The National Library Board of Singapore pulled several homosexuality-endorsing children's books from library shelves last week after public complaints that the books did not reflect the board's official pro-family policies.
Complaints about two of the books were posted on social media by a group that also organizes opposition to Singapore's annual “Pink Dot” homosexual festival.
According to the Facebook page of “We are Against Pinkdot in Singapore,” Teo Kai Loon had e-mailed the library board to voice his concerns over two children’s books titled And Tango Makes Three and The White Swan Express.
The first book portrays two male penguins in a zoo that hatch and raise a young penguin. The second book revolves around adoption of Chinese children by Americans and features a single mother and a lesbian couple among its characters.
Teo subsequently posted an email response from the board’s chief librarian, Ms. Tay Ai Cheng, explaining the two books had been removed.
“I would like to assure you that NLB takes a strong pro-family stand in selecting books for children,” Tay replied to Teo.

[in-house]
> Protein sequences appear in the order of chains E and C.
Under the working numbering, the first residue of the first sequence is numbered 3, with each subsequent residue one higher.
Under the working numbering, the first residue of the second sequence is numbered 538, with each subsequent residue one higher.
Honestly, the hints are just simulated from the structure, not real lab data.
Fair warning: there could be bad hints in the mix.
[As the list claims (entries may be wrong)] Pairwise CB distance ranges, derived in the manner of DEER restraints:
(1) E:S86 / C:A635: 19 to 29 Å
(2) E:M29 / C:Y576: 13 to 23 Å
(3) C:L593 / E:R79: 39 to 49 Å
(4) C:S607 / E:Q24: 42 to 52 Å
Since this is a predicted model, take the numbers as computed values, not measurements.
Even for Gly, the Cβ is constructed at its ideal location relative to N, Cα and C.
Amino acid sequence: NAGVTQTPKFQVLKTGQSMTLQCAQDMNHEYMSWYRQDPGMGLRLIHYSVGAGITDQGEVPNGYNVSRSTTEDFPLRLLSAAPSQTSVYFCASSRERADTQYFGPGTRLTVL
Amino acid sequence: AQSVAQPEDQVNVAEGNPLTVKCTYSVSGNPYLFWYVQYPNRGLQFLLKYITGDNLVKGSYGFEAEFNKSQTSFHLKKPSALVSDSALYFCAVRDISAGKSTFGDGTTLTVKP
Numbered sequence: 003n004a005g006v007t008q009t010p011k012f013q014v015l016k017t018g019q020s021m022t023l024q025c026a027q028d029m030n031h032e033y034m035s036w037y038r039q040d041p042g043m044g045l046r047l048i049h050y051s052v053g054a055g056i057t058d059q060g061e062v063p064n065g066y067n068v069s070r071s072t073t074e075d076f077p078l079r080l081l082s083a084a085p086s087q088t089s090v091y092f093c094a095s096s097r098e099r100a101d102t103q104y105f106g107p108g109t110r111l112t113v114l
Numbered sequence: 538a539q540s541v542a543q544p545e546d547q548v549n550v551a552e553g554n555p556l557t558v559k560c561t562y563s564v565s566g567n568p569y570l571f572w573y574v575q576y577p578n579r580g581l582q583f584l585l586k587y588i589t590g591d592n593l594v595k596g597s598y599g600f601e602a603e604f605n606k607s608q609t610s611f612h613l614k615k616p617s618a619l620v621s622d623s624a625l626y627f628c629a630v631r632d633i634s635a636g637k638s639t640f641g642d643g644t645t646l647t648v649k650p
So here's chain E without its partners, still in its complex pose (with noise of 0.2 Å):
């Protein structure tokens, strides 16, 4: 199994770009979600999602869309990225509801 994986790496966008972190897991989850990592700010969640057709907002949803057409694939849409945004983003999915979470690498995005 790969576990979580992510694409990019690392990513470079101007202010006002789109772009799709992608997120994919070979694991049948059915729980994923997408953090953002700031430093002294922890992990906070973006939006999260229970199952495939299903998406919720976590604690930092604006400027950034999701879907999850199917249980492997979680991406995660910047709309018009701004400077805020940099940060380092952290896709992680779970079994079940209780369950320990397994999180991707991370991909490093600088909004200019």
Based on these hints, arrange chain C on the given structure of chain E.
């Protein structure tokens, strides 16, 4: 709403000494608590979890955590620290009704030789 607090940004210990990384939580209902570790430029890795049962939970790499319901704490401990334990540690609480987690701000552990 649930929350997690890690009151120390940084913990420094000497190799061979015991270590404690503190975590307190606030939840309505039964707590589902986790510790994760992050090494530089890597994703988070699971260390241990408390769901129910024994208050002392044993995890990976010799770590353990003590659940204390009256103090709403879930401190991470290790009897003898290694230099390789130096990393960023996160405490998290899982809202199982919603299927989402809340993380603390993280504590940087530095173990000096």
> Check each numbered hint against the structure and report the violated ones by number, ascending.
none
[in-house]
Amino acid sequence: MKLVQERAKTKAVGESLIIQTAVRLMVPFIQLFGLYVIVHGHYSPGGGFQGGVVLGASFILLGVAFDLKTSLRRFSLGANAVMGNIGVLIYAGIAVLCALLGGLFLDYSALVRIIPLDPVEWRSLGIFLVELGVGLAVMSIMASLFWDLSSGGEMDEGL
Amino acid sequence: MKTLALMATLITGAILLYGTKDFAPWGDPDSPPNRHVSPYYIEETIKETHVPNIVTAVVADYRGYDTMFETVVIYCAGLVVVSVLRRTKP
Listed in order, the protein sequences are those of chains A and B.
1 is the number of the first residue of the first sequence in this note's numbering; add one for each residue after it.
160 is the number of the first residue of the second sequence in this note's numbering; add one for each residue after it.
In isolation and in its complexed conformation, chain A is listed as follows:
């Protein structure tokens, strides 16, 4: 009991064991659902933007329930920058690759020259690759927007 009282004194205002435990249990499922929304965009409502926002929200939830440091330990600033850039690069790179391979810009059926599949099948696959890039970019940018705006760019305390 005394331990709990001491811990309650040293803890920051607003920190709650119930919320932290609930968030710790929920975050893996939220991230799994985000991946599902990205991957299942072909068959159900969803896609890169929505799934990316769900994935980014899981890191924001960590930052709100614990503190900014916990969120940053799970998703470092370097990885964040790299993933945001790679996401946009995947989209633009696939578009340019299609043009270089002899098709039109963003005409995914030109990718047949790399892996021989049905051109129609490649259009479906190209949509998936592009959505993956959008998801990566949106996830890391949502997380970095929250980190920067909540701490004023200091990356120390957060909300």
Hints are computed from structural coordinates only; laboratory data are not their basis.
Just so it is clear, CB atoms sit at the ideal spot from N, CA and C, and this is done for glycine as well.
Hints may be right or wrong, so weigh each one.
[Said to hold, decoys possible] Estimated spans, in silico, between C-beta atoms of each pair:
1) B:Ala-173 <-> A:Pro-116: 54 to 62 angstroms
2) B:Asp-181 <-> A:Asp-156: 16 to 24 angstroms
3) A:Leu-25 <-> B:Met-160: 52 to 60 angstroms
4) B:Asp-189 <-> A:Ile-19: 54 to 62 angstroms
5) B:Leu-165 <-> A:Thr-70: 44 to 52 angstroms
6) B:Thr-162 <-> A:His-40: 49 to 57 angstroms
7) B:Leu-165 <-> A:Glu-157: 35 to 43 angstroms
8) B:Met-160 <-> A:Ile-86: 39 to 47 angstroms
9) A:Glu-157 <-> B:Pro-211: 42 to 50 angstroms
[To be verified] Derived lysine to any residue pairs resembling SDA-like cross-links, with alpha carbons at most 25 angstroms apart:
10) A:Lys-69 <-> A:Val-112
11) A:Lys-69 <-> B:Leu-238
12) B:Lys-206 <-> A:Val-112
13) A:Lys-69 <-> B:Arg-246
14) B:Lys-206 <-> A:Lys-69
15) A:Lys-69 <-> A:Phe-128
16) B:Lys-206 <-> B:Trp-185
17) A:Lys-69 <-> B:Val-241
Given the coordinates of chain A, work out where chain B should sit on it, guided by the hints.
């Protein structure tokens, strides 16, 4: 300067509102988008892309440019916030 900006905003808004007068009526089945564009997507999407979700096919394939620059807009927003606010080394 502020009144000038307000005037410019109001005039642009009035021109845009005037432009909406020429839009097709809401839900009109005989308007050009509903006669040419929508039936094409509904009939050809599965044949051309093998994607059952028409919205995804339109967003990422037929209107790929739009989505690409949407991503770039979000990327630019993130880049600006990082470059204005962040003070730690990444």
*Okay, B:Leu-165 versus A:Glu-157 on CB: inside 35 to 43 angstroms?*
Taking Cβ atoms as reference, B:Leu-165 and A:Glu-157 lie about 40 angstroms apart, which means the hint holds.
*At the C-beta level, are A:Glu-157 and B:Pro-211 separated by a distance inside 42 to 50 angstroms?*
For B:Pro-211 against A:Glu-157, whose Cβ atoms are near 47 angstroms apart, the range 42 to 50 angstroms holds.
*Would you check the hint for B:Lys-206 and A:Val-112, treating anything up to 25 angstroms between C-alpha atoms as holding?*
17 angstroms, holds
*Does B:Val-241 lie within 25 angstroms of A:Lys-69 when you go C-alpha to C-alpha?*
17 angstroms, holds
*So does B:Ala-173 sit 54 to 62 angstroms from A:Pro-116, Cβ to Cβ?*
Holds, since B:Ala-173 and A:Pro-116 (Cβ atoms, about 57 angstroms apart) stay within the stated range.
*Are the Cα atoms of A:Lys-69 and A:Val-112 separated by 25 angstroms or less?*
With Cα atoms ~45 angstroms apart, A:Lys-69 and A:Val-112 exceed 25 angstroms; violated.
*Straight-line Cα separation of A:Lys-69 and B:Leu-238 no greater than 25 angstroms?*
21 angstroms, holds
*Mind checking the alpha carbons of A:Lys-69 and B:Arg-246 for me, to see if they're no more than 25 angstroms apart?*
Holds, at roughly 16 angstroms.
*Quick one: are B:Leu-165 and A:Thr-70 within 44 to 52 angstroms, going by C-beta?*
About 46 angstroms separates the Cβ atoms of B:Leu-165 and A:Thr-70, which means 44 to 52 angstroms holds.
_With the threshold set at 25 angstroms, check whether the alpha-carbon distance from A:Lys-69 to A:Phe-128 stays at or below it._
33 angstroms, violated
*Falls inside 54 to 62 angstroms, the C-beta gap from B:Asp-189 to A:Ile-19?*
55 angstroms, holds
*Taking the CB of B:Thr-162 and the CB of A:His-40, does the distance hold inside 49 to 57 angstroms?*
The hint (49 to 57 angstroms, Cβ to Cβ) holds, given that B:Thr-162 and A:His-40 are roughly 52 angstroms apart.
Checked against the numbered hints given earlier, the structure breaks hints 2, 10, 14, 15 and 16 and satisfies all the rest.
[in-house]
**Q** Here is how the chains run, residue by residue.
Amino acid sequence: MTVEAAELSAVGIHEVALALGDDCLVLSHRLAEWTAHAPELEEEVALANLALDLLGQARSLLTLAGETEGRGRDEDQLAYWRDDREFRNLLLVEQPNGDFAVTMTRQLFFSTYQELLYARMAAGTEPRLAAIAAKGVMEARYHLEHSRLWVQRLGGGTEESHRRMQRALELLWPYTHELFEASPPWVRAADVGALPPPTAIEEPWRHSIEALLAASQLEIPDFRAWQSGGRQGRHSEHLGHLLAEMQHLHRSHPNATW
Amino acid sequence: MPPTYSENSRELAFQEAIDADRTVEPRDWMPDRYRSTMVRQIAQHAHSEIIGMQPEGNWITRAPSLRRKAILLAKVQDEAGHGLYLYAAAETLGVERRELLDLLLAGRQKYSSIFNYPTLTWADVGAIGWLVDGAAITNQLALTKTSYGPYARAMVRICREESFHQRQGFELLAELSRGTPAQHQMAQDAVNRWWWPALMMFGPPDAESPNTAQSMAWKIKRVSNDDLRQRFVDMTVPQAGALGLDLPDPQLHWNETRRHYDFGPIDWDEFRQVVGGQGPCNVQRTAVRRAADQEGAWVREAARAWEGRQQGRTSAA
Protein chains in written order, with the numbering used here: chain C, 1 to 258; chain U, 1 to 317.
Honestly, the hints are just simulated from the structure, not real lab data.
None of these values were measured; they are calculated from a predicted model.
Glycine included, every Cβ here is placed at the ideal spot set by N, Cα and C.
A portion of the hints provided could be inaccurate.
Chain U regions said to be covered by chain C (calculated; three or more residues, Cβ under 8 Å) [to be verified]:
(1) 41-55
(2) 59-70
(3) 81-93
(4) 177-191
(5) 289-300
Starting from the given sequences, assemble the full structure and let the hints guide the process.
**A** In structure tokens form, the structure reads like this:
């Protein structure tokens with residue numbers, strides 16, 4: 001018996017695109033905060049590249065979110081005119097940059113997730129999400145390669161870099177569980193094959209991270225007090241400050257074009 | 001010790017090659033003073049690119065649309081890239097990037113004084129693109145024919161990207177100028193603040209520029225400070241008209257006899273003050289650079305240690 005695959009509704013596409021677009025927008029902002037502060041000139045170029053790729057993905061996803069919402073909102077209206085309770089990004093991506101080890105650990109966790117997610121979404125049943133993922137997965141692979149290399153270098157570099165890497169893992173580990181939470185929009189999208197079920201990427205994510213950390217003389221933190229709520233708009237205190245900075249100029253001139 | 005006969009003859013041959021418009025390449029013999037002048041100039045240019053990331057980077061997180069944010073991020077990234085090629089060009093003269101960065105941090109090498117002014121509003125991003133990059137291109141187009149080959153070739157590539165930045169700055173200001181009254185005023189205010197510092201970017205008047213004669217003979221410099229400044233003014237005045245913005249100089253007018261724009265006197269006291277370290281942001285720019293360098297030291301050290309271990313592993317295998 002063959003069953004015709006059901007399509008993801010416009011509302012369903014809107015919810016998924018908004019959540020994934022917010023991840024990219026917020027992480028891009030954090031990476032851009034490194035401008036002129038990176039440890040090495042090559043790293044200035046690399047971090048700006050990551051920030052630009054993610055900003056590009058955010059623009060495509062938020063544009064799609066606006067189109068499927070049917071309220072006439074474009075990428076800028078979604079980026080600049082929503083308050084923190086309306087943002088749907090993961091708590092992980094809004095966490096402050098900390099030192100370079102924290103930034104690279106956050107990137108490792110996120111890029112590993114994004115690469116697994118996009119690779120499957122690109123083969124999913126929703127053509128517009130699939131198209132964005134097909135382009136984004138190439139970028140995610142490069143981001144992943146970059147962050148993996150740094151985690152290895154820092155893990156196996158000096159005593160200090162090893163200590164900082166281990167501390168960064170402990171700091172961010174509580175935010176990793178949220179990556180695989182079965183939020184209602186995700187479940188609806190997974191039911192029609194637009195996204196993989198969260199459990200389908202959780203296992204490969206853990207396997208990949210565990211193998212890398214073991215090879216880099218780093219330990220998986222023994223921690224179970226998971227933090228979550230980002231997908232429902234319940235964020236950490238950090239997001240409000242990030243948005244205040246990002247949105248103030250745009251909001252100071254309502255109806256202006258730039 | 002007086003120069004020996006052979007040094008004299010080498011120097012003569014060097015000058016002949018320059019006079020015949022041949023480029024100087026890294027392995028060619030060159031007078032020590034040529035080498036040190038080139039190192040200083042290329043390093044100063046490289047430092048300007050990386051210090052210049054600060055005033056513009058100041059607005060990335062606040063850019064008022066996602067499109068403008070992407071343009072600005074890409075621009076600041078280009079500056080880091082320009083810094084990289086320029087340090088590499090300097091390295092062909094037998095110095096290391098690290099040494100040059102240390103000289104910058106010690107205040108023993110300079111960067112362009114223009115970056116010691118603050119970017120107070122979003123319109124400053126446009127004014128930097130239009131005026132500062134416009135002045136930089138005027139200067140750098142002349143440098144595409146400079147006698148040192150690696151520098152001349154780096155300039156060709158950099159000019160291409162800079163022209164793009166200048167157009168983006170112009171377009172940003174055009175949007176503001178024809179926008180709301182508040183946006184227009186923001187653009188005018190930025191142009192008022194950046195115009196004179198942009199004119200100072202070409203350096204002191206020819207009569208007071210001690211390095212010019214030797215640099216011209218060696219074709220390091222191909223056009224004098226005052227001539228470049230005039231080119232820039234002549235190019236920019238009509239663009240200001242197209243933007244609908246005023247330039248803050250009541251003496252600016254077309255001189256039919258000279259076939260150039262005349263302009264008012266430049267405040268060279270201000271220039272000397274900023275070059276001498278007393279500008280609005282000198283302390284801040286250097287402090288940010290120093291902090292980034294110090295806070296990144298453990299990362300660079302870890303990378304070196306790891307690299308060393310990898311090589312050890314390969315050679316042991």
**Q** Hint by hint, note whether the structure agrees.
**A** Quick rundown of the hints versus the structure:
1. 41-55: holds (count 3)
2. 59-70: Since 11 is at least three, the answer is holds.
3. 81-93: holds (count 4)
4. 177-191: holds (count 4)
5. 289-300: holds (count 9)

“We take a cautious approach in identifying titles for our young visitors. Besides going through the contents, we also refer to synopses, reviews and other books written by the authors.”
“We have withdrawn the books Tango Makes Three and the White Swan Express following your feedback,” Tay stated.
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She further explained that the NLB has over 5 million books and “it is an arduous task to ensure complete adherence of details in the books to our pro-family stand.”
“However, when library visitors like yourself highlight to us any conflicting content within books, we review such books thoroughly and withdraw them from circulation,” the chief librarian said.
Following the complaint and withdrawal of the two books, the library board pulled another book, titled Who's in my family, which failed to meet their pro-family standards.
Ms. Jasna Dhansukhlal, assistant director of Public Library Services, said during a press conference held at the children’s section of the Toa Payoh Public Library that despite petitions circulated by groups that reject the traditional definition of the family, the books will not be returned to library shelves.
She said the board’s pro-family stance “was in line with that of MOE [Ministry of Education] and MSF [Ministry of Social and Family Development].” She added that the withdrawn books will be recycled into pulp in accordance with the board’s policy.